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81 Cards in this Set

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Which 3 antihypertensives do blacks not respond to as well?
ACE
ARB
Beta Blockers
What are compelling reasons for use a an ACE-inhibitor?
- Systolic heart failure
- Post MI
- Proteinuric chronic renal failure
- maybe DM even w/o proteinuria
- maybe high coronary risk w/o past MI
What are contraindications to using an ACE-inhibitor?
angioedema (duh)
pregnancy (duh)
renovascular disease (relative CI)
What are compelling reasons for use of a beta blocker?
- past MI
- Angina
- A fib (rate control)
- A flutter (rate control)
- essential tremor
- hyperthyroidism
- migraine
What are contraindications to using a beta blocker?
- bronchospastic airway disease
- heart block (2nd or 3rd degree)
- depression?
Which antihypertensive should be avoided in a patient who is hyperkalemic?
aldo antagonists
ACE
ARB
Which antihypertensive should be avoided in a patient w/hyponatremia?
thiazide diuretics
Which patients would you probably want to avoid using a diuretic in?
hyponatremic
gout
Would you consider using nondihydropridine or dihydropiridine CCBs in a patient with raynauds?
dihydopyridine CCB
Where do thiazide diuretics act in the nephron?
distal tubule and connecting segment
Name 4 thiazide diuretics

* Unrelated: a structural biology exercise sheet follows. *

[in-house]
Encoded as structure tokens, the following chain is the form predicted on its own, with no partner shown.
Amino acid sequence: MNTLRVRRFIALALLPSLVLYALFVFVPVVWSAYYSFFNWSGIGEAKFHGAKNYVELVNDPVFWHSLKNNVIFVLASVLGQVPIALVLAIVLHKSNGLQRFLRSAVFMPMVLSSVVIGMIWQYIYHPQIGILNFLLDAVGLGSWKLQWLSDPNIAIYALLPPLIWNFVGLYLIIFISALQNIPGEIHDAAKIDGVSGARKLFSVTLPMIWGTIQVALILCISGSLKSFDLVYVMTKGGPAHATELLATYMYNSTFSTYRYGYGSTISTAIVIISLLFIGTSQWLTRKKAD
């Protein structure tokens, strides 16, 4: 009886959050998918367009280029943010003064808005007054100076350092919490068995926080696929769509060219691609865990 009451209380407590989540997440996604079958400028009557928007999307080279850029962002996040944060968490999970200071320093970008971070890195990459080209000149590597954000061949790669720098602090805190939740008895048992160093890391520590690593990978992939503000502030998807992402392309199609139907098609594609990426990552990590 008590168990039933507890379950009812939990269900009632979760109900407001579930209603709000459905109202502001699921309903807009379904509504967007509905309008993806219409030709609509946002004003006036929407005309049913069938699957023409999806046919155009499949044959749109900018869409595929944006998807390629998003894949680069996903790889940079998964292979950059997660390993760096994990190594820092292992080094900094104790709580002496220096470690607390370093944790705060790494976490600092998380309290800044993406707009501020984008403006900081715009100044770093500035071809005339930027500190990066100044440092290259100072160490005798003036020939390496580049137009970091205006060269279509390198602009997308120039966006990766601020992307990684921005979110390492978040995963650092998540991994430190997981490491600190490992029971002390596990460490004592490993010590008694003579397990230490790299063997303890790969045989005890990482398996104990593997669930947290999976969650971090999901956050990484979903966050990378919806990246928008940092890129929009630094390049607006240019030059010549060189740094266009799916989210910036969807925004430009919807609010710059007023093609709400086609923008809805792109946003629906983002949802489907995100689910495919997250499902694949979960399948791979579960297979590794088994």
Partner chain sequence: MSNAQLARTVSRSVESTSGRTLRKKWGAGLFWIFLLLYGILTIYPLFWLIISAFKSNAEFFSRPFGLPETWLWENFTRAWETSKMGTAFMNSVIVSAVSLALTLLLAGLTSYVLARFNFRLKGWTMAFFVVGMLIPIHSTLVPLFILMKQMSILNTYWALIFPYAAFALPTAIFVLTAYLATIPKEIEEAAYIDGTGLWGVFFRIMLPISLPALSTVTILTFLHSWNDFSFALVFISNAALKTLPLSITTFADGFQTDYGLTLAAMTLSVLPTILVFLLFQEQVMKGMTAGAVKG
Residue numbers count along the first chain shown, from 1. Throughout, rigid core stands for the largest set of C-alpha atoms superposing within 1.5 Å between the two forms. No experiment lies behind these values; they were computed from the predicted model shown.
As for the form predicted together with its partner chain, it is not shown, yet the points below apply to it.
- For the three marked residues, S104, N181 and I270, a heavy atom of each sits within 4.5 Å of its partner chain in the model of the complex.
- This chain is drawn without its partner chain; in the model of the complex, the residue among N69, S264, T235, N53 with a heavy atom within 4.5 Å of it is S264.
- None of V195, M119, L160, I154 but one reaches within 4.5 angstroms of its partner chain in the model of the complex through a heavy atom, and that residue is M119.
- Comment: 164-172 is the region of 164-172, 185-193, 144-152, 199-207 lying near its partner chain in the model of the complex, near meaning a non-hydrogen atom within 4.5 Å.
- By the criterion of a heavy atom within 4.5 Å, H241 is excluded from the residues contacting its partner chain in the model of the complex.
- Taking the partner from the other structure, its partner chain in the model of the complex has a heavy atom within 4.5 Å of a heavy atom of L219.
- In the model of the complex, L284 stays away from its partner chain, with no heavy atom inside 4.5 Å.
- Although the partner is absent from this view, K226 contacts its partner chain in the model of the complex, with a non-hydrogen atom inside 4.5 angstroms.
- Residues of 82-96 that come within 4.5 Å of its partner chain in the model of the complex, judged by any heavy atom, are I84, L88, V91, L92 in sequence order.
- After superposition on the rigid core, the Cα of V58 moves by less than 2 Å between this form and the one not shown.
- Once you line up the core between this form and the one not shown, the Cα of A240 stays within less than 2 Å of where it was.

Hydrochlorothiazide
Chlorthalidone
Metolazone
Indapamide
Thiazides interact mainly with which 4 medications?
Digoxin (via hypokalemia)
Lithium (dec excretion)
DM meds (antagonizes)
Gout meds (antagonizes)
Which antihypertensive can enhance calcium reabsorption and what are the effects of that?
Thiazide
- may unmask underlying condition like hyperparathyroidism, CA, sarcoid
- doesn't just cause hypercalcemia itself
- may decrease hypercalcuria(stones)
- may help w/osteoporosis
What are the adverse reactions most commonly associated with thiazides?
- Volume depletion (orthostatic hypotension)
- hypokalemia
- hyponatremia
- hyperuricemia
- hyperlipidemia
- hyperglycemia
- impotence
- rash (sulfa drug)
Which antihypertensive enhances calcium excretion and may be beneficial in treating hypercalcemia from small cell lung CA?
loop
Which 3 medications do loop diuretics antagonize?
dig
lithium
gout meds
Which drugs are associated with sensorineural hearing loss?
Loops (furosemide)
AGs (irreversible)
Vancomycin
Cisplatin
Aspirin (low dose - one time)
Which potassium sparing diuretics work b inhibiting Na influx through ion channels in the luminal membrane?
triamterene and amiloride
Which patient's are at inc risk of hyperkalemia when taking a potassium-sparing diuretic?
- pts w/renal disease
- pt on another drug that dec. renin (beta blocker, NSAIDS)
- pt on another drug that dec angiotensin II (ACE, ARB)
Which hypertension med is a potential nephrotoxin that may lead to crystalluria and cast formation?
triamterene
Which two drugs besides triamterene can precipitate in the kidney?
Indinavir and acyclovir
Which drug may be added to furosemide in a CHF pt who is diabetic w/some kidney problems and can't diurese easily?
metolazone
Where is angiotensin I converted to angiotensin II?
lungs
Which is the only ACE available in IV form?
enalapril
WHich populations of patients are best suited for ACE inhibitors?
HTN especially w/LVH